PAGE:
I need to be led.

Because Jesus says so. Because he gifts leaders to lead. Because he commands me to submit to the leaders he has placed in my life. And because I cannot possibly be perfectly well rounded. I have blind spots. I have weaknesses. I have issues I have no idea how to address.

I need to be led.

By Jesus, of course, and primarily—but how does he do that? How does Jesus lead me? By his Spirit, amen. Through scripture, absolutely. But how? Many times, through others.

I want to show you something. “It was he (Christ) who gave some to be apostles, some to be prophets, some to be evangelists, and some to be pastors and teachers, to prepare God’s people for works of service so that the body of Christ may be built up until we all reach unity in the faith and in the knowledge of the Son of God and become mature, attaining to the whole measure of the fulness of Christ” (Ephesians 4:11-13).

How will all this happen? By Christ’s power, manifested through strategic leaders who know how to get the body moving and serving. Paul introduces five species of leaders here: Apostles, Prophets, Evangelists, Pastors, and Teachers. All are needed, banging on all cylinders, for God’s dream for his church to come true. Each kind of leader brings with him or her a burning passion which sets the direction of their leadership. Imagine a board meeting with one of each type weighing in on an issue.

The apostle speaks first. “I love this idea. It’s practically bleeding Godly vision and will help us take new ground for the kingdom.”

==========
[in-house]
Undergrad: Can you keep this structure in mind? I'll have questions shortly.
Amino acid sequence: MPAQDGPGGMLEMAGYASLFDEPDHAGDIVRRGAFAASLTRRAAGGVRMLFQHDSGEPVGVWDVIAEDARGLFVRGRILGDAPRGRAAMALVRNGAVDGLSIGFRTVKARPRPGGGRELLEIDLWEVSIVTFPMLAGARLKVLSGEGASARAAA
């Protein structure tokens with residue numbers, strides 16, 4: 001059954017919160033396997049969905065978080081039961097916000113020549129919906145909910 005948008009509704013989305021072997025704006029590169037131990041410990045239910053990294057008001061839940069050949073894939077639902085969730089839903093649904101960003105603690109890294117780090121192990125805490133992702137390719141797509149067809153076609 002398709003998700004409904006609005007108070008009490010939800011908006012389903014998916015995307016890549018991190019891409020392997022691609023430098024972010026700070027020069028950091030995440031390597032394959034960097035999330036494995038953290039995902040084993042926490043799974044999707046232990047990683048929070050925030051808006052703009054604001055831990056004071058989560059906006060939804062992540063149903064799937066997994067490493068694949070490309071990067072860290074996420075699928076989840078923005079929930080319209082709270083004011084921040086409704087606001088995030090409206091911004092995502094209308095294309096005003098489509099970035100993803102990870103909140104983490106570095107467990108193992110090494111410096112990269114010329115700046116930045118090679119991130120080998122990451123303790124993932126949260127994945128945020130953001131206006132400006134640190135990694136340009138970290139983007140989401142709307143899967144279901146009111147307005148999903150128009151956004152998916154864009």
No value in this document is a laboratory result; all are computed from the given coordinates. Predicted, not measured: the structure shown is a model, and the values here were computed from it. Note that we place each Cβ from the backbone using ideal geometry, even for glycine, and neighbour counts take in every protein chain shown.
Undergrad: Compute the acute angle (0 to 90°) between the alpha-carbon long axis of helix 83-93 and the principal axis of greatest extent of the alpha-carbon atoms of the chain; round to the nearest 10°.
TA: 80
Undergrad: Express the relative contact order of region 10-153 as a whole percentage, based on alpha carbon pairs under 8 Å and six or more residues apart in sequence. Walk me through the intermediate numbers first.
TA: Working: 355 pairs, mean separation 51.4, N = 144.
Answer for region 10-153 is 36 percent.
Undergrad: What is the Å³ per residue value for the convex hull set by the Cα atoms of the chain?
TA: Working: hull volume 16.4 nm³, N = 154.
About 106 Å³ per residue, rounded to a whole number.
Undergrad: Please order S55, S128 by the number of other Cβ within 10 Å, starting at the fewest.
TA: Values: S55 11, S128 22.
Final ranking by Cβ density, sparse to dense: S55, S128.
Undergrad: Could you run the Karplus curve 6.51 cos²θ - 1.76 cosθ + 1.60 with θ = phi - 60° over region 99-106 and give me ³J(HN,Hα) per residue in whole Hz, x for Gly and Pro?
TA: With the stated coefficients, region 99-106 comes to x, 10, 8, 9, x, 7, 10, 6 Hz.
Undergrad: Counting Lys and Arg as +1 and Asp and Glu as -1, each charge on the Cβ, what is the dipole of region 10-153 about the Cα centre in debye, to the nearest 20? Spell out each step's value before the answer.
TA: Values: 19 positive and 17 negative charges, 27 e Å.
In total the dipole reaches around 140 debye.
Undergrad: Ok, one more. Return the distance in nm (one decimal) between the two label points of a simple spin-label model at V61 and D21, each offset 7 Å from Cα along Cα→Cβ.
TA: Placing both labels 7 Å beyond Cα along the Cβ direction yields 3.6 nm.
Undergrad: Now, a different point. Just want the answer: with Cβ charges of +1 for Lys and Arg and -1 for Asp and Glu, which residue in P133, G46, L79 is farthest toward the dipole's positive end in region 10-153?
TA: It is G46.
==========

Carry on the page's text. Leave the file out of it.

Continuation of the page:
“Not so fast,” says the prophet. “What I want to know is, ‘What is God saying about this?”

The evangelist sighs. “Enough prayer. People are dying without Christ out there. This initiative will help us reach more people. It’s a no-brainer.”

The teacher coughs. “Well, I do have to admit, it’s thoroughly biblical. And it helps our people put what they’re learning into practice.”

“We just have to make sure not to lose folks in the process,” the pastor reminds his peers. “We have to prepare them. Care for them. But I do believe the flock is ready.”

See the difference? And each leader helps the body move in a necessary, Godly direction. Working together, that amounts to God’s direction. But the question is, who are the people asking these questions about MY life? I want to make a big decision, say. Who’s asking me, “How does this square with God’s expanding vision for your life? What is the Holy Spirit laying on your heart? How will this help reach the world for Christ? What does God’s word say? How is this going to deepen your relationship with God and help you lean into community?”


I need to be led.

This doesn’t mean giving away my God-given responsibility to seek his will for myself, to meditate on the scriptures, to think, to pray, or to choose. Not at all. But I get stuck from time to time. You? And a leader’s job is to move me. As John Ortberg says, “a leader has a strong bias toward action,” whereas people in general have a strong tendency to stagnate. I might resonate with one or two of those passionate questions, but not all five. I need someone with those eyes poking me in that direction so I don’t neglect something vitally important. So again,

I need to be led.

I need an apostle in my life. A prophet. An evangelist. A teacher. A pastor. What do you think? Where might you need some outside leadership in your life?